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Cebreros Optical Observatory

Cebreros observatory

The CESAR Cebreros Optical Telescope is placed at ESA's Deep Space Tracking Station, located near Cebreros (Ávila)

A sky quality evaluation campaign on CESAR telescope's site is underway to obtain the better estimations of flux sensitivity and photometric stability, and covering weather and observing statistics, local meteorology, atmospheric optical extinction, seeing, optical turbulence profiles, water vapor content and wind vector.

Technical specifications

Mechanics and Optics

The telescope, built by Optical Mechanics Inc.(http://www.opticalmechanics.com), is a classic Cassegrain telescope with a parabolic primary and a hyperbolic secondary mirror. The telescope has a diameter of 50cm and a telescope ratio of F/10., that is the relation between the aperture (diameter) and the focal length.

The equatorial fork-mounted system is built from anodized aluminum. Right ascension and declination axes are driven by high-precision zero-lash drive systems. The relative pointing is less than 0.5 arcsecond and the ?nal tracking resolution is less than 0.3 arcsecond using a closed loop servo actuated system. Non sidereal rate tracking can be used.

The telescope is housed in an automatic motorized dome with a window opening from 0? to 90?. The dome is manufactured by Baader Planetarium.


Complete view of the telescope inside the 3.5 m dome. (ESA/CESAR/CAB)


View of the dome for the telescope (ESA/CESAR)

Camera

The telescope is equipped with a 4008×2672 refrigerated CCD  Finger Lakes with a pixel size of 9μm that covers a ?eld of 24'×16' with a pixel projection of 0.37"/pixel. This is a cooled monochrome interline array manufactured by Kodak (KAI-11002) optimized for speed readout (12MHz) and a shutter capable of 0.05-second exposures. There is also a ?lter wheel for the telescope with the typical UBVRI Johnson photometry set, nebula ?lters (OIII, Hα,and Hβ), and red, green, and blue ?lters.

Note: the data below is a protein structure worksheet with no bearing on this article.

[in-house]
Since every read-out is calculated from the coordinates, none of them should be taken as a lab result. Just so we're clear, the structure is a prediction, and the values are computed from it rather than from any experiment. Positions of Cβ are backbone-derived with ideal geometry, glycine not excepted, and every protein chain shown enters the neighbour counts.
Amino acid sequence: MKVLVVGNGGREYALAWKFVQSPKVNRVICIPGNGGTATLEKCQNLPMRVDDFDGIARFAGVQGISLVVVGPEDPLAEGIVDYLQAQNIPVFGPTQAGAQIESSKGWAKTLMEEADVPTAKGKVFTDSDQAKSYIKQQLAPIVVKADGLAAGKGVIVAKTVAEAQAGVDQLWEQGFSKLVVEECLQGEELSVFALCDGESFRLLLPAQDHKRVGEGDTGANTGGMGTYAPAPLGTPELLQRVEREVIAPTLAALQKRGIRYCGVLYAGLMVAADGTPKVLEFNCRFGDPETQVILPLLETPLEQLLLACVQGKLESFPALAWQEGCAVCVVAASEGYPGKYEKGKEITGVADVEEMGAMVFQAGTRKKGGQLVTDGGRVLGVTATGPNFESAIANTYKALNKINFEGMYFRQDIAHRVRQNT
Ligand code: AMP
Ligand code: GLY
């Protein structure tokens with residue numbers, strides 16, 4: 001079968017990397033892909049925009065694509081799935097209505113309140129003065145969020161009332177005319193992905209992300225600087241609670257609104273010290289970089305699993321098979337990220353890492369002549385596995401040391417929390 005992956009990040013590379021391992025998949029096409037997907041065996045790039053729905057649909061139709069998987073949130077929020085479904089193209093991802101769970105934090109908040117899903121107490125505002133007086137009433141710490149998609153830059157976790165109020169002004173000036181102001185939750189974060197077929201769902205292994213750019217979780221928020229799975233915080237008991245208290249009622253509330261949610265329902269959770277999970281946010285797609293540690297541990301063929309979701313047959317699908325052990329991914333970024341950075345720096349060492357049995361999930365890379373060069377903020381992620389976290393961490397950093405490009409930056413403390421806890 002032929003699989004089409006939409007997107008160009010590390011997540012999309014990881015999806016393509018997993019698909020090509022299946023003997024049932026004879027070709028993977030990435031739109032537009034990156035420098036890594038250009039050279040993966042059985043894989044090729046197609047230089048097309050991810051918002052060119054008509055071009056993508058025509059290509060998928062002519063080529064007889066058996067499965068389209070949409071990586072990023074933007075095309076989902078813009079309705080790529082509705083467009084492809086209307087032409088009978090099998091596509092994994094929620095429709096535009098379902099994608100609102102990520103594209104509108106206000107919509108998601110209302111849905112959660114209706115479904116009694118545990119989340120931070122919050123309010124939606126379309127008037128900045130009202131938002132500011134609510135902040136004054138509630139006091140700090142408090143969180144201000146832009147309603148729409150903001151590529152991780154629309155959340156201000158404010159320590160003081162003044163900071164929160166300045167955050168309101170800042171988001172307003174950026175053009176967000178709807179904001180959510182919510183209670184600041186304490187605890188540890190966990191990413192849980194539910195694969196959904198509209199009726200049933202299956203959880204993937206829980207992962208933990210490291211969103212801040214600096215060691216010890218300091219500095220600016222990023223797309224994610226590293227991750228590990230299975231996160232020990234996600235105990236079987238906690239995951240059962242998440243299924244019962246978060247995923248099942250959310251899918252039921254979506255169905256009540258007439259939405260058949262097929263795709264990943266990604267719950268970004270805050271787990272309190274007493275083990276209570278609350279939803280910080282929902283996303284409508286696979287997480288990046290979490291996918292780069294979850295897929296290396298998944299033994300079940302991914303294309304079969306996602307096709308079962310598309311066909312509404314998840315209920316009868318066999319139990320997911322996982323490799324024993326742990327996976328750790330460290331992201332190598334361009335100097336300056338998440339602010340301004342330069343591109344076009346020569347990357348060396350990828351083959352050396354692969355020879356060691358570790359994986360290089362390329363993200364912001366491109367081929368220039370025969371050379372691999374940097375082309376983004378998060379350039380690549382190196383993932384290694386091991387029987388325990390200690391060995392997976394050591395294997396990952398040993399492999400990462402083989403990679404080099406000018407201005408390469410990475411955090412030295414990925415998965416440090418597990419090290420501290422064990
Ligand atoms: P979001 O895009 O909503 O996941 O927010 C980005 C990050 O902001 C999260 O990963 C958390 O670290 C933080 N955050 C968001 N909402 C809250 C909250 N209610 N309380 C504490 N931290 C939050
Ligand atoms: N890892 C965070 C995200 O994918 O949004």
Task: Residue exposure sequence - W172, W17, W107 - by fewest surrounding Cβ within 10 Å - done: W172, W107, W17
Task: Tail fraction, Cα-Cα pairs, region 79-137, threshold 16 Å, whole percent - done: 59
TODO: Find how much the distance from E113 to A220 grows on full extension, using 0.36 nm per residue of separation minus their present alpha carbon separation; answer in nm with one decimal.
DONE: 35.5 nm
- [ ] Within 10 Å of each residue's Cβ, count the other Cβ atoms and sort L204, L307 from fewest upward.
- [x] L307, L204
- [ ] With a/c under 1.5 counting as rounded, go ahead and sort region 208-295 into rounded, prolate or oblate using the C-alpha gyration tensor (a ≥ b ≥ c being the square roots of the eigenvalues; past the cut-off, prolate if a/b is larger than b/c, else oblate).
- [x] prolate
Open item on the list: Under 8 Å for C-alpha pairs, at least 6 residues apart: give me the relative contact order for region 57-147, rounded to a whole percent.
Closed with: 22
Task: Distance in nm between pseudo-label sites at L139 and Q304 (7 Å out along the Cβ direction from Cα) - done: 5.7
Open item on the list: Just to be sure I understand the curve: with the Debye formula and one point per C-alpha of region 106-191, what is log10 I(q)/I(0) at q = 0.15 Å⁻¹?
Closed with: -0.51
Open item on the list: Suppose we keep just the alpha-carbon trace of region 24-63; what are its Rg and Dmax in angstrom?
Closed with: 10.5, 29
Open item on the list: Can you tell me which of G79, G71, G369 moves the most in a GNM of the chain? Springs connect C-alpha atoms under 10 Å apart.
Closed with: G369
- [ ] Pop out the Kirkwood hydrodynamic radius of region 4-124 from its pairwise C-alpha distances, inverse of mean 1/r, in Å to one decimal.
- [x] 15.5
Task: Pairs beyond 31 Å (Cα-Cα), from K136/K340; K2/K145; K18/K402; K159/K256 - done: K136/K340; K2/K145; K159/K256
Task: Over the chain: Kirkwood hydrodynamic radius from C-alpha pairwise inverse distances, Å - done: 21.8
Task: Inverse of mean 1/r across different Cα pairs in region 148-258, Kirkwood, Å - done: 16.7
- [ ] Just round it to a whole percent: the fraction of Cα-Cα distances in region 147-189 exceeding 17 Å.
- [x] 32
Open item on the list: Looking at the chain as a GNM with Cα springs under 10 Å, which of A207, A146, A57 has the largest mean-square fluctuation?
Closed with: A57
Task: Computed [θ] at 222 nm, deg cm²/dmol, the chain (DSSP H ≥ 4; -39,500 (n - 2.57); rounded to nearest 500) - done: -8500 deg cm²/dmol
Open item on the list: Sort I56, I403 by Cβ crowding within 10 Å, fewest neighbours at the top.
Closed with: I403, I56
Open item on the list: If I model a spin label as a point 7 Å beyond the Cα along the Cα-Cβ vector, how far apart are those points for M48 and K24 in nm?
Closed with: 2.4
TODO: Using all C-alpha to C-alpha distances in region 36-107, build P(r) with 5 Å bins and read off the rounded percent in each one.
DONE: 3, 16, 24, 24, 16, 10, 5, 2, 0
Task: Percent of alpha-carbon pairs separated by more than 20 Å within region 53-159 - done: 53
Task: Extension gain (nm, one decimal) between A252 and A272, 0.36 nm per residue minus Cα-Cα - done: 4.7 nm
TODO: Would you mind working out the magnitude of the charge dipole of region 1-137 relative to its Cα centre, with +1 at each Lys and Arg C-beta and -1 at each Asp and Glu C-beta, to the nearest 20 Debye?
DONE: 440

CCD Finger Lakes camera installed on the telescope.

Control System

The observatory is controlled using the LINUX-based Talon software from Optical Mechanics, Inc. This application controls the observatory subsystems: telescope, dome, ?lter wheel, temperature corrected focus, weather station and CCD camera. There is a separate module for data acquisition. Talon is operated by a user friendly Graphical User Interface, as shown in the following picture.


Talon graphical user interface for telescope control. (CAB/CESAR)

The LINUX-based Control System includes two computers, with different objectives. One is focused in the telescope control and the other in the data analysis. There are some other facilities such as UPS, communications, GPS (for time synchronization), weather station, air conditioning to maintain the temperature inside the dome, and remote on/o? system.

To provide complete control over the observatory, some other applications are also available, including sky programs that are used interactively with the telescopes, and web cameras to view the status of the telescope and dome remotely.

Where is located?

The CESAR Cebreros Optical Telescope is placed at ESA's Deep Space Tracking Station, located near Cebreros (Ávila)


ESA Cebreros Deep Space Tracking Station


Marked with a red circle, Cebreros Optical Telescope site (Credit: Google Maps)

A sky quality evaluation campaign on CESAR telescope's site is underway to obtain the better estimations of flux sensitivity and photometric stability, and covering weather and observing statistics, local meteorology, atmospheric optical extinction, seeing, optical turbulence profiles, water vapor content and wind vector.

What we can observe?

This is a night telescope, we can observe any planet, galaxy, nebula, star, etc. 


Optical photos (CESAR/ESA/Abel de Burgos)

Access to the observatory

Secondary and also primary schools will be able to access to this telescope. They will need some knowledge about sky observation, science physics, coordinates, CCD camera control (exposition, filters, ...), etc.

  • Optical observations introduction
  • Create a complete observation from school (choose the day, the sources to observe, the CCD camera parameters, etc.)
  • During the night selected the observation will be done.
  • Take the photos next day from the CESAR website and do specific scientific cases with them. 

Current status

Waiting hardware and software updates (can be handle with an operator with Talon software knowledges and observing from the observatory).